Cool, comfortable, custom fit at an affordable price
DeSantis Gunhide, the well-known holster company from the perhaps unlikely state of New York, makes a wide array of holsters for duty, range, and concealed use. While the DeSantis Gunhide name can bring leather holsters to mind, the company has kept up with the latest in updated materials, guns, methods of carry. Recently I’ve had the chance to wear one such holster from DeSantis. It’s called the Super Stealh, made for inside-waistband (IWB) concealment. The following is a summation of my experience wearing this holster.
Packaging is important to some people, so I’ll start there. The Super Stealth was delivered in a soft but strong, clear plastic zippered pouch. The holster is visible behind the company insert describing the product. For people who have a replete collection of holsters and a number of concealment guns, this pouch would be handy to both keep the holster dust-free and to identify what gun it fits. In this case, I decided this would be a holster for the Springfield Hellcat OSP, with optic installed.
The Super Stealth is black and made of a padded, wide-mesh 1060 denier ballistic nylon material. Now, I’m quite heat-tolerant, but if I were one of those people who needs constant air circulation nearly body-wide to feel okay, I think this holster would work as well as any IWB model. The mesh is more “breathable” than any other IWB holster I’ve tried, and that numbers in the dozens. The padding inside isn’t bulky but does add comfort compared to a hard shell.
What really makes the Super Stealth different from other soft-sided holsters is the semi-custom gun fit. Most soft, sheath-style holsters compromise security of the gun for comfort and universality between guns. This holster provides a palpable click-in of the gun, making it virtually impossible for it to fall out of the holster without being intentionally drawn. Along with trigger guard coverage that’s not penetrable under normal wear conditions, this is a safer holster than any other cloth one I know of.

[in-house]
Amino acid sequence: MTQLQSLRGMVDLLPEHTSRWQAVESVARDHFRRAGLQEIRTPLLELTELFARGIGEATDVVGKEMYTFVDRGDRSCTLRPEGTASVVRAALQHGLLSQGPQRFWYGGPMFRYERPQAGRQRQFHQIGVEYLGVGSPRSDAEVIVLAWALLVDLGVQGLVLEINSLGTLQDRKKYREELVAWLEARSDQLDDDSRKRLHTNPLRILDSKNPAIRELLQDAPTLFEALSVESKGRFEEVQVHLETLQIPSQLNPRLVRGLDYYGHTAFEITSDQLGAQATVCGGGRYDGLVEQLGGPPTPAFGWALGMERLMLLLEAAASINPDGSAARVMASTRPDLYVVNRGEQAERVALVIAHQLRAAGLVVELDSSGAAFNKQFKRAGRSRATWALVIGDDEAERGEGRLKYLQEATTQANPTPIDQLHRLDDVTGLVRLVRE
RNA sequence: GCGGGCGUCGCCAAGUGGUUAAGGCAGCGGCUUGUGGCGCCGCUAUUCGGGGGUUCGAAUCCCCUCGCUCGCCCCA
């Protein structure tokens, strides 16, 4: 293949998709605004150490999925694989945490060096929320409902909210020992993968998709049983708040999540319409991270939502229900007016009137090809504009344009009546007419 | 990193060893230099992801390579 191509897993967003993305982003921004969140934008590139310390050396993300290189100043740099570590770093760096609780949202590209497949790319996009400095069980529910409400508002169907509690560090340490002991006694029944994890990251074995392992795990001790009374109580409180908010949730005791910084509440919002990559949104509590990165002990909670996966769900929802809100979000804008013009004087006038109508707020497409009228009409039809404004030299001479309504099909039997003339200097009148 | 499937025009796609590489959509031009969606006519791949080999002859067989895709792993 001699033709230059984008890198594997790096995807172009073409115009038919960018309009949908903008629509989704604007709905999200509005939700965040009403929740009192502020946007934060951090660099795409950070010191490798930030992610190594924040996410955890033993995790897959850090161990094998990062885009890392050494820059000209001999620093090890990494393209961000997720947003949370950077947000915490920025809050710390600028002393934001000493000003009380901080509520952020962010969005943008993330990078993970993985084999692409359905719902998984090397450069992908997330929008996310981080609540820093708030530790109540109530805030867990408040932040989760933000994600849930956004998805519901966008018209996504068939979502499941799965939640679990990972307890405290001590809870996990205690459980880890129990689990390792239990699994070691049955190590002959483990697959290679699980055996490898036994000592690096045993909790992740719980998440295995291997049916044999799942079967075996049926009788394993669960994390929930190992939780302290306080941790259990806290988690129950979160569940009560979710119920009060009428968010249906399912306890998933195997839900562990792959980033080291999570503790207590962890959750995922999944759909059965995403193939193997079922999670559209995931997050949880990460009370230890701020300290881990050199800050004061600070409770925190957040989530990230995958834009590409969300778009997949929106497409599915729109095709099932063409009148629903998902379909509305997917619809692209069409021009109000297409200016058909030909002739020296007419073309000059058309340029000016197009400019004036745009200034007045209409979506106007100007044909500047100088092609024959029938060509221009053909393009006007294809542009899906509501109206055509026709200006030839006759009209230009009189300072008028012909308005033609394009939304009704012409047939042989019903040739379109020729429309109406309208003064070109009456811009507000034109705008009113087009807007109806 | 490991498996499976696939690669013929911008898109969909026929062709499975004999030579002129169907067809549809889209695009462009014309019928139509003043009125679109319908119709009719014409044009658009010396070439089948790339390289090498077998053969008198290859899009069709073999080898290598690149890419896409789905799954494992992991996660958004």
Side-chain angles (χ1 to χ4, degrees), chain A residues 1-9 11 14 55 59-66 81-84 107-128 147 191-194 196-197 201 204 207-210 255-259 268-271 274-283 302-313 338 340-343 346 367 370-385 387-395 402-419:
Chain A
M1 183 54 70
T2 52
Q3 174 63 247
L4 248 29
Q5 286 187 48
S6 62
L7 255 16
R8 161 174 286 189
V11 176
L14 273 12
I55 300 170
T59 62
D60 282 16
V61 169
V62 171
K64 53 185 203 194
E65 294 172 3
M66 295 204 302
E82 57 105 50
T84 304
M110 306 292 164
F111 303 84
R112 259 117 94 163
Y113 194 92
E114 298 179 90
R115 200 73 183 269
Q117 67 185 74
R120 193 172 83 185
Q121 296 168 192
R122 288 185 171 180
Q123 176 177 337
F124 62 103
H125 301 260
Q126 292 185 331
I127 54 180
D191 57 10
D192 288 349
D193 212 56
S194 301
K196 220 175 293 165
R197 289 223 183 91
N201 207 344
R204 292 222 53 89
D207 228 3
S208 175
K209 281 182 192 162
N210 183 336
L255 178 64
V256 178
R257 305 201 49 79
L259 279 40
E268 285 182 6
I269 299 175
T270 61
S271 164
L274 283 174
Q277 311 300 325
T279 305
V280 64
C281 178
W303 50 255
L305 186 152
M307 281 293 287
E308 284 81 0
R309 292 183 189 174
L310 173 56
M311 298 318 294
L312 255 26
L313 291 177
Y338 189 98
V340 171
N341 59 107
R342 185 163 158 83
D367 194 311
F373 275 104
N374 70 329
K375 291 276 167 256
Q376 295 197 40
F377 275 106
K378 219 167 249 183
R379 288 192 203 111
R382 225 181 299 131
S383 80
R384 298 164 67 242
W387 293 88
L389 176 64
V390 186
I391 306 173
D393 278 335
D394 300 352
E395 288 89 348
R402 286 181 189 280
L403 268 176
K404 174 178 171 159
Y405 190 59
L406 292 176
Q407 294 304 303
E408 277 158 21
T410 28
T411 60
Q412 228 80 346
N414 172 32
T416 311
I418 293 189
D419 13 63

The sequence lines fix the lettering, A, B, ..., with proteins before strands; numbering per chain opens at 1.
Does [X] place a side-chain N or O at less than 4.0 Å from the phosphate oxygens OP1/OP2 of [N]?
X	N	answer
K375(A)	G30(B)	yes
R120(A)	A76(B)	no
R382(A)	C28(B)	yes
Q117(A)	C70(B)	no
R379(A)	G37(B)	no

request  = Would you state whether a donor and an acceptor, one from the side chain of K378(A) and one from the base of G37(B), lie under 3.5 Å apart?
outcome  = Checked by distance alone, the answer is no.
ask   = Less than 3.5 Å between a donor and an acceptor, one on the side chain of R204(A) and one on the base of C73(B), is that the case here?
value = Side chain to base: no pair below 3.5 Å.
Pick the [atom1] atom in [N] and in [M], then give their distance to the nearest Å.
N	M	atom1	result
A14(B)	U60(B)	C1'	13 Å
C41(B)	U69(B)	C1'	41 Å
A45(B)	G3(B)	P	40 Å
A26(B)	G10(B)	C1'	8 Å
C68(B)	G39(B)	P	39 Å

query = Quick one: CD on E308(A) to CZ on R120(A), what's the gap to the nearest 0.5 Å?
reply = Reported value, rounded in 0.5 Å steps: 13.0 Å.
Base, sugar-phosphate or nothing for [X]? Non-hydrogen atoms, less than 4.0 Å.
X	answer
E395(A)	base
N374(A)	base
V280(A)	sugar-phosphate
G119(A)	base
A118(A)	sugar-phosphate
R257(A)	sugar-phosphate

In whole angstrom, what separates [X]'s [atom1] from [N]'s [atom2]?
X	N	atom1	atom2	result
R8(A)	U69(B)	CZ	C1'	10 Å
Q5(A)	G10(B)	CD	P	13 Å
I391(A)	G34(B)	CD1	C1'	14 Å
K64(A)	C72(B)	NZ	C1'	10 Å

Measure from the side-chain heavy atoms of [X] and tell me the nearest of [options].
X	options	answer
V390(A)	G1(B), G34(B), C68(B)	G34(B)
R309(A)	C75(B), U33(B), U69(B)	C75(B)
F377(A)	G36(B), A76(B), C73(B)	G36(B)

The Super Stealth in this test can carry a Smith & Wesson Shield, Glock 26/27, which I tested it with. It’ll also tote 12 other subcompacts, which are conveniently listed on the product label. Both test guns fit well. It should be noted that inserting the gun to the retention point requires an assertive push—and that is a good thing to make it clear when retention is assured.
A wide, powder-coated metal clip secures the holster to a belt up to 1.75 inches wide. It has an opposing-direction claw that meets the outer clip through the fabric, making it far more secure than similar synthetic clips. Anyone who’s practiced much drawing from a poorly-secured IWB holster has had the unsettling experience of the gun and holster coming out as one package, virtually rendering the gun a rock until the situation is corrected. Care must be taken upon donning the holster to ensure it’s really clipped around the bottom of the belt. Strong-fingered handling of the clip is required to attach it securely and prevent “drawing” of the holster and gun as a package. Scratches or dents on leather belts are possible if the clip isn’t handled assertively when donning and doffing. And because it is a tight, strong clip, long fingernails are put at risk with this holster—not to mention they impede safe operation of any handgun, but that is a whole other topic.